Murphy Battles Anti-Market Economics and Ethics
by David Gordon
by David Gordon
The Politically Incorrect Guide to Capitalism. By Robert P. Murphy. Regnery, 2007. Xii + 206 pages.
Robert Murphy's admirable book is much more than a conventional defense of capitalism. Murphy includes standard material, e.g., why price controls, minimum wage legislation, and rent control do not work. Though it was once controversial to point to the inadequacies of these measures, now even mainstream textbooks hasten to condemn them. Murphy goes far beyond this. He takes on the most difficult and controversial challenges to the free market, and offers convincing responses to them.
Few matters excite critics of the market to rage as the high salaries of corporate CEOs; Paul Krugman, e.g., in his Conscience of a Liberal, makes little effort to conceal his envy at those who dare to earn more than he does. The response by defenders of the market is obvious: if the market pays the CEOs high salaries, this indicates that those who pay the salaries expect the executives to generate sufficient profits to justify their high compensation. Critics are often invited to found their own corporations.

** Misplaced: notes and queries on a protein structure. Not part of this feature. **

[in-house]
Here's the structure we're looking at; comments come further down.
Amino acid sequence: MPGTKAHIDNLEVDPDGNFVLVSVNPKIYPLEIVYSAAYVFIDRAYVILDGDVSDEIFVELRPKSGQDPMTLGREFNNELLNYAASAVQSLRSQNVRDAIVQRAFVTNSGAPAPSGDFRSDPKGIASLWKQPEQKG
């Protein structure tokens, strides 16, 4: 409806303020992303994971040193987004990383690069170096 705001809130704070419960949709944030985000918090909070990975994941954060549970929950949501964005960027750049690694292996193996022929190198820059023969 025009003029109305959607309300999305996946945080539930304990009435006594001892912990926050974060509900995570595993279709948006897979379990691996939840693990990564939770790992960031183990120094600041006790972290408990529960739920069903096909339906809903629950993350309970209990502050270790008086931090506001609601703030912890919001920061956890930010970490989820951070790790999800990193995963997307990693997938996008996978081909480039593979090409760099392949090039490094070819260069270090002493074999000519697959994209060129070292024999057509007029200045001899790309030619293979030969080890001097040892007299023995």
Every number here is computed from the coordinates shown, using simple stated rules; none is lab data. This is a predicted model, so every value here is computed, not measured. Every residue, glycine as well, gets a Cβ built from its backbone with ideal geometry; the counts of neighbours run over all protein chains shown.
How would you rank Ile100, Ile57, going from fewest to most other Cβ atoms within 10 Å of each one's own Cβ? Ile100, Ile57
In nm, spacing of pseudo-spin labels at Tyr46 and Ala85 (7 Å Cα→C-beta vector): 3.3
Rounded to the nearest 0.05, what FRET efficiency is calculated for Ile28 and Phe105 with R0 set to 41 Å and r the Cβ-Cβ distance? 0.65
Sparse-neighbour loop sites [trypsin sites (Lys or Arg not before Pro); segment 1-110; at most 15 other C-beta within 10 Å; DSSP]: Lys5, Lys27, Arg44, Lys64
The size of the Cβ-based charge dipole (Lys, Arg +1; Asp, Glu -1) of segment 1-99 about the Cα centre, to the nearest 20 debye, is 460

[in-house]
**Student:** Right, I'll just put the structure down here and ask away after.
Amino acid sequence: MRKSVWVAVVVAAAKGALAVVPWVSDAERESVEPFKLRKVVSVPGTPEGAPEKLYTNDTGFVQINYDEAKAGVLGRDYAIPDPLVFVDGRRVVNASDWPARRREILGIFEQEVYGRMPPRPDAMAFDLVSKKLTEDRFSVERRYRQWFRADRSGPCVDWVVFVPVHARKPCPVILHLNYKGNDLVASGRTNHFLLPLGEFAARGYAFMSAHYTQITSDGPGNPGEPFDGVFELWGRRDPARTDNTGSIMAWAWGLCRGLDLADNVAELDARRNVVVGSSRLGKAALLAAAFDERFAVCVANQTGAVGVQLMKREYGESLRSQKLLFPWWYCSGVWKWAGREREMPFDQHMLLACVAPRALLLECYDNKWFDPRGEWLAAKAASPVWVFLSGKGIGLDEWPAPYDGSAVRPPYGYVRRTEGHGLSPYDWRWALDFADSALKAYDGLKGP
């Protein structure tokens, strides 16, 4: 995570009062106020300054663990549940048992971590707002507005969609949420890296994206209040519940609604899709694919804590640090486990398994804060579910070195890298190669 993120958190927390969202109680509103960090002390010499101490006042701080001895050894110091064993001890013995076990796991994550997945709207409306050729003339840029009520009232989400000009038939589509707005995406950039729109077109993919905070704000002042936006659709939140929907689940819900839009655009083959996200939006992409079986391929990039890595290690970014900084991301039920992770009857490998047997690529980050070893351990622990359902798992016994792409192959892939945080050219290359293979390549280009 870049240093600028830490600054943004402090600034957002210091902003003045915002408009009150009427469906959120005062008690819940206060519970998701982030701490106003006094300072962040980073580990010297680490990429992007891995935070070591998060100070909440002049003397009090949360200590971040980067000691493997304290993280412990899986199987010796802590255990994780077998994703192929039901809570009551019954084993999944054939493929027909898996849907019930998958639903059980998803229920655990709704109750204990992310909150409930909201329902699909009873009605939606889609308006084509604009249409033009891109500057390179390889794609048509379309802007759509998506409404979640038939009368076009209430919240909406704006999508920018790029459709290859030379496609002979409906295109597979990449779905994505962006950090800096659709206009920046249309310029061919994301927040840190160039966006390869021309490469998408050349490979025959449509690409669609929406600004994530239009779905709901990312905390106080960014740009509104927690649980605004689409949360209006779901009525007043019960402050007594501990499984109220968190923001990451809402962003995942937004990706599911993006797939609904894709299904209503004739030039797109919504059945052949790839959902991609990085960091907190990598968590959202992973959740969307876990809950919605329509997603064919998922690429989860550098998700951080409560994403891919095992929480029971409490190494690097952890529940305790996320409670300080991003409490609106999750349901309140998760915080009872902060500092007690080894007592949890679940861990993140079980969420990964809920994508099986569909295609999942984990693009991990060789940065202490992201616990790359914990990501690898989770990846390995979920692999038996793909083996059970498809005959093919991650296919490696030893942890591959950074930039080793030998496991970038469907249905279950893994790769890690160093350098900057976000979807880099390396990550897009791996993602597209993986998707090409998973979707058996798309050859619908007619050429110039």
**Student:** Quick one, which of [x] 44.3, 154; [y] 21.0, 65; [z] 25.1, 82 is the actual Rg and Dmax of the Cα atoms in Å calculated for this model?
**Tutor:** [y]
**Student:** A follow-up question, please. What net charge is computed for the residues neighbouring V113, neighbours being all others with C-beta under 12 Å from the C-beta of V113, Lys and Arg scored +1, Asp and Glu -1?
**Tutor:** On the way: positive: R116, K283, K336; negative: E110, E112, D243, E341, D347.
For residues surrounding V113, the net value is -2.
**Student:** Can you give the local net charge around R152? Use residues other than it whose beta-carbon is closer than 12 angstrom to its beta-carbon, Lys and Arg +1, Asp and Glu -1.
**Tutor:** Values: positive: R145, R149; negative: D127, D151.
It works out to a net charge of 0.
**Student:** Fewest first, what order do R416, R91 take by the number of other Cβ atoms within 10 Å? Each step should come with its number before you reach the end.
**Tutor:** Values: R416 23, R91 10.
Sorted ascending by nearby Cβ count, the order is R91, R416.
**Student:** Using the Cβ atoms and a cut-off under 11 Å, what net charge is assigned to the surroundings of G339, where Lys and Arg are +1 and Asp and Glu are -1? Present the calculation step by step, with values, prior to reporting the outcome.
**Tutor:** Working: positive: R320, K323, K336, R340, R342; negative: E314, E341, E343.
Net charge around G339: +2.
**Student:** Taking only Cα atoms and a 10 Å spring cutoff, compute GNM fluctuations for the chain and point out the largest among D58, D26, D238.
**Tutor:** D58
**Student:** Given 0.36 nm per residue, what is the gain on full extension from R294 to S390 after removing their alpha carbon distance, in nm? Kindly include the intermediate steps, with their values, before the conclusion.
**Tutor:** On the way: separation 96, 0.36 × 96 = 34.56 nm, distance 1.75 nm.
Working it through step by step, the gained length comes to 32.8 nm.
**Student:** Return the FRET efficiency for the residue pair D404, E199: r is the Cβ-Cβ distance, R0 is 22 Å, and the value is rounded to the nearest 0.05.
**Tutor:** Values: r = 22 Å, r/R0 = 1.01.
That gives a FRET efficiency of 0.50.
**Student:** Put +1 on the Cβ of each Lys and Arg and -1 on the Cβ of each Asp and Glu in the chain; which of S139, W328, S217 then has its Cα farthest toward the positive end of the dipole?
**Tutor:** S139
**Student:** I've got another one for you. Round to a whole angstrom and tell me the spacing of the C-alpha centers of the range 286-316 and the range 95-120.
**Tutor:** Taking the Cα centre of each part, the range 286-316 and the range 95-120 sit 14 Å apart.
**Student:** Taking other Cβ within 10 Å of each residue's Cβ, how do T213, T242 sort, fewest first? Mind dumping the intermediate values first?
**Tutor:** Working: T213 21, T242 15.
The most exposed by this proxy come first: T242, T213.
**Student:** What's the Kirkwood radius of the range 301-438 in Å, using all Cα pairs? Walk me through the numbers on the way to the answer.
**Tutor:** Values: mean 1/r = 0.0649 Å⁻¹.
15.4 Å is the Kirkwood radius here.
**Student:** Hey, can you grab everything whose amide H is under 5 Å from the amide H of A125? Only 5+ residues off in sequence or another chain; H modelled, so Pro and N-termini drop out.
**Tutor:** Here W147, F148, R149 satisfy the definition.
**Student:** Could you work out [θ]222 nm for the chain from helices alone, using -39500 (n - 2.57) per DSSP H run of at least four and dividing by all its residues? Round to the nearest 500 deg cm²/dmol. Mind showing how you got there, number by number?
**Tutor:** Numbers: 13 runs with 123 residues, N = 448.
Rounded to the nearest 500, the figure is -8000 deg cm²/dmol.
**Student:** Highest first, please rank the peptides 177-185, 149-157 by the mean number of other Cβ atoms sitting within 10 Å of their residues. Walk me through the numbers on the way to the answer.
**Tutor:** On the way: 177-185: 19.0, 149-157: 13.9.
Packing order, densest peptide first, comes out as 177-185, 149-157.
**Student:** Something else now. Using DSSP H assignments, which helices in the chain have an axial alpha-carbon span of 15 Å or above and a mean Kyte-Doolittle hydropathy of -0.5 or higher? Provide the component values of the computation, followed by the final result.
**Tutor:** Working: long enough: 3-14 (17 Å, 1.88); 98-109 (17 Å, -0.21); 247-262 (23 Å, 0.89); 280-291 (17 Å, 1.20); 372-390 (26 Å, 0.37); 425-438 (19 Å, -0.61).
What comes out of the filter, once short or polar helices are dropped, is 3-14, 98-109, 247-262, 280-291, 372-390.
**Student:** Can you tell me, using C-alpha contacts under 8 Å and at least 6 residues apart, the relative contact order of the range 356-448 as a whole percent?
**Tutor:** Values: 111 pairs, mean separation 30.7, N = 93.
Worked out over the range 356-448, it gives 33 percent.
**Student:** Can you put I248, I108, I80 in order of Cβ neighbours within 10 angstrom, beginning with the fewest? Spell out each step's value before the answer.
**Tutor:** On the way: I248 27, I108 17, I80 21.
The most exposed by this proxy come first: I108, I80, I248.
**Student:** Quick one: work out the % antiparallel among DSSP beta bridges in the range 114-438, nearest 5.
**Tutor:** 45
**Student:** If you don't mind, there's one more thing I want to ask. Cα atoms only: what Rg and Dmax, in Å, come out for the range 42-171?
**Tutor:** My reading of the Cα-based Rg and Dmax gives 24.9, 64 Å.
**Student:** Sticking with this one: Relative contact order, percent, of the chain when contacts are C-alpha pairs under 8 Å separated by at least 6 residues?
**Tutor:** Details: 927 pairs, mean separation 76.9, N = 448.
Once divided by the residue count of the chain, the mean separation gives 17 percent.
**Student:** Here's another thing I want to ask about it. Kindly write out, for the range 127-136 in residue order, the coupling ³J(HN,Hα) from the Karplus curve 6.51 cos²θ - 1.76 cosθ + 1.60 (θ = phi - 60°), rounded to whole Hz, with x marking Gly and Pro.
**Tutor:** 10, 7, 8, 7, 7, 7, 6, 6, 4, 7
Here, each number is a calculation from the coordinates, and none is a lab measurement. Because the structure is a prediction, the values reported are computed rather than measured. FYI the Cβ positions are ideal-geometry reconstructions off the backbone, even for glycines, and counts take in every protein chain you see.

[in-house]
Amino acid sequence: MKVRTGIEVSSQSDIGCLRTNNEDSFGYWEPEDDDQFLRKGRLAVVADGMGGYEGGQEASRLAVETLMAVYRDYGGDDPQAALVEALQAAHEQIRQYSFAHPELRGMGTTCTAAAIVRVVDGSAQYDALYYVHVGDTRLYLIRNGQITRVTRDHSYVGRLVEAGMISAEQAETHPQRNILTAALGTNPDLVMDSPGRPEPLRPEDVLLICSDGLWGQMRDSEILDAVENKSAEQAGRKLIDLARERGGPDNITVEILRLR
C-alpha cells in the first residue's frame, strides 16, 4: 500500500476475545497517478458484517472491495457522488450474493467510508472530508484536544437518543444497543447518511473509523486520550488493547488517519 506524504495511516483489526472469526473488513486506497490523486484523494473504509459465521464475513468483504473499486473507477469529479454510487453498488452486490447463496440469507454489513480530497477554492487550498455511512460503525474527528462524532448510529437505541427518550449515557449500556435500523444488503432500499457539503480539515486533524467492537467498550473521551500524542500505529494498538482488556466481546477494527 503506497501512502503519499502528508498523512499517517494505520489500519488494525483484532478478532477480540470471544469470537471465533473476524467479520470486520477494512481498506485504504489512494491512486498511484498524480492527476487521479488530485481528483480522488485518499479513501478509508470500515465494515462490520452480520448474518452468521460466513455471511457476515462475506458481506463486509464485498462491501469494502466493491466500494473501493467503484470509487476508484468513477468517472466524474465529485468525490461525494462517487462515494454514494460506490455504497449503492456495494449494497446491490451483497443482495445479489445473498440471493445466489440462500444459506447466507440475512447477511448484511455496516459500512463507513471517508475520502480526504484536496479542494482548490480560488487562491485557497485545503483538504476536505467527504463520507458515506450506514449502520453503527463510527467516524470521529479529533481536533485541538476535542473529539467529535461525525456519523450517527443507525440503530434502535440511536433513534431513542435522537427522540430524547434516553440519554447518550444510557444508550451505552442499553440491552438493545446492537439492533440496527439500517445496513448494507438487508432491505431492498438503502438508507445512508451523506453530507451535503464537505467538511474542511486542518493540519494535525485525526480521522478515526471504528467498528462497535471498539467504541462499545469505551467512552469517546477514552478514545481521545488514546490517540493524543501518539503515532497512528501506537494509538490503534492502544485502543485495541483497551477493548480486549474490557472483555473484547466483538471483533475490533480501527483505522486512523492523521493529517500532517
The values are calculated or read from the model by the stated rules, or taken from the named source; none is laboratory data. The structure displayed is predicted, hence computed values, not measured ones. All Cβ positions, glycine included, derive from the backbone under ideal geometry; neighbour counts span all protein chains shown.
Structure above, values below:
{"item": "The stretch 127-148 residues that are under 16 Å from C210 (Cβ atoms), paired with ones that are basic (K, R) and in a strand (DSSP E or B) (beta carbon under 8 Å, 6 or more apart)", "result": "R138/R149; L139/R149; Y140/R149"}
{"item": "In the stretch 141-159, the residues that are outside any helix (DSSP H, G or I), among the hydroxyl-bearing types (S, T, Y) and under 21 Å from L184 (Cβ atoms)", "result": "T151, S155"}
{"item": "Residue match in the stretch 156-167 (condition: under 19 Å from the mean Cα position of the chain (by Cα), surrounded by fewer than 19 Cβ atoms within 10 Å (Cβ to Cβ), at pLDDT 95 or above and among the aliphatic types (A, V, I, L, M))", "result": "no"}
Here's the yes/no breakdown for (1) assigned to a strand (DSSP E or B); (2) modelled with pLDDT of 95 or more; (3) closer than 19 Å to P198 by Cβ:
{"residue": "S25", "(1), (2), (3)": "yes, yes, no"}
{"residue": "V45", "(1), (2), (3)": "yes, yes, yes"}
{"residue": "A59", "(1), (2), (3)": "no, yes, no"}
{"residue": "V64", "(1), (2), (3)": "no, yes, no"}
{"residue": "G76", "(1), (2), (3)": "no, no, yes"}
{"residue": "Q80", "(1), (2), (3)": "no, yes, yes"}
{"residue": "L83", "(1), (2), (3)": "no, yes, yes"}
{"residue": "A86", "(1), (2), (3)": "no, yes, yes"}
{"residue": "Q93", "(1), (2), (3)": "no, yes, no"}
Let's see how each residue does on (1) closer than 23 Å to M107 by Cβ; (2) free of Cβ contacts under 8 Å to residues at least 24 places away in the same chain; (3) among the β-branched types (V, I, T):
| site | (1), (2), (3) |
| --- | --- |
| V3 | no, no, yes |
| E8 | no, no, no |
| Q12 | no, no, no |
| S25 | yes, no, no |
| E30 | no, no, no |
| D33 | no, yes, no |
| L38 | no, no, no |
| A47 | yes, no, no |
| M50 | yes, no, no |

But is not this defense of the high salaries open to objection? The claim is that financial success justifies the high salaries: how, then, can one justify enormous severance packages to CEOs who fail? Surely one cannot here appeal to market efficiency. Murphy accepts the challenge:
Unlike routine managerial work, the task of a CEO often involves bold innovation. If the steps necessary to turn a particular company around and earn millions were "obvious," the company wouldn't be in trouble in the first place. When a new CEO comes in with ambitious plans, he knows that failure is entirely possible. If the shareholders said, "We'll pay you $20 million if you succeed, but nothing if you fail," it wouldn't be a very attractive offer at all. This is because the type of person who gets picked to head a major corporation could easily make hundreds of thousands, if not millions, for certain by consulting or offering other services less glamorous than being CEOs. (p. 21)
March 11, 2008
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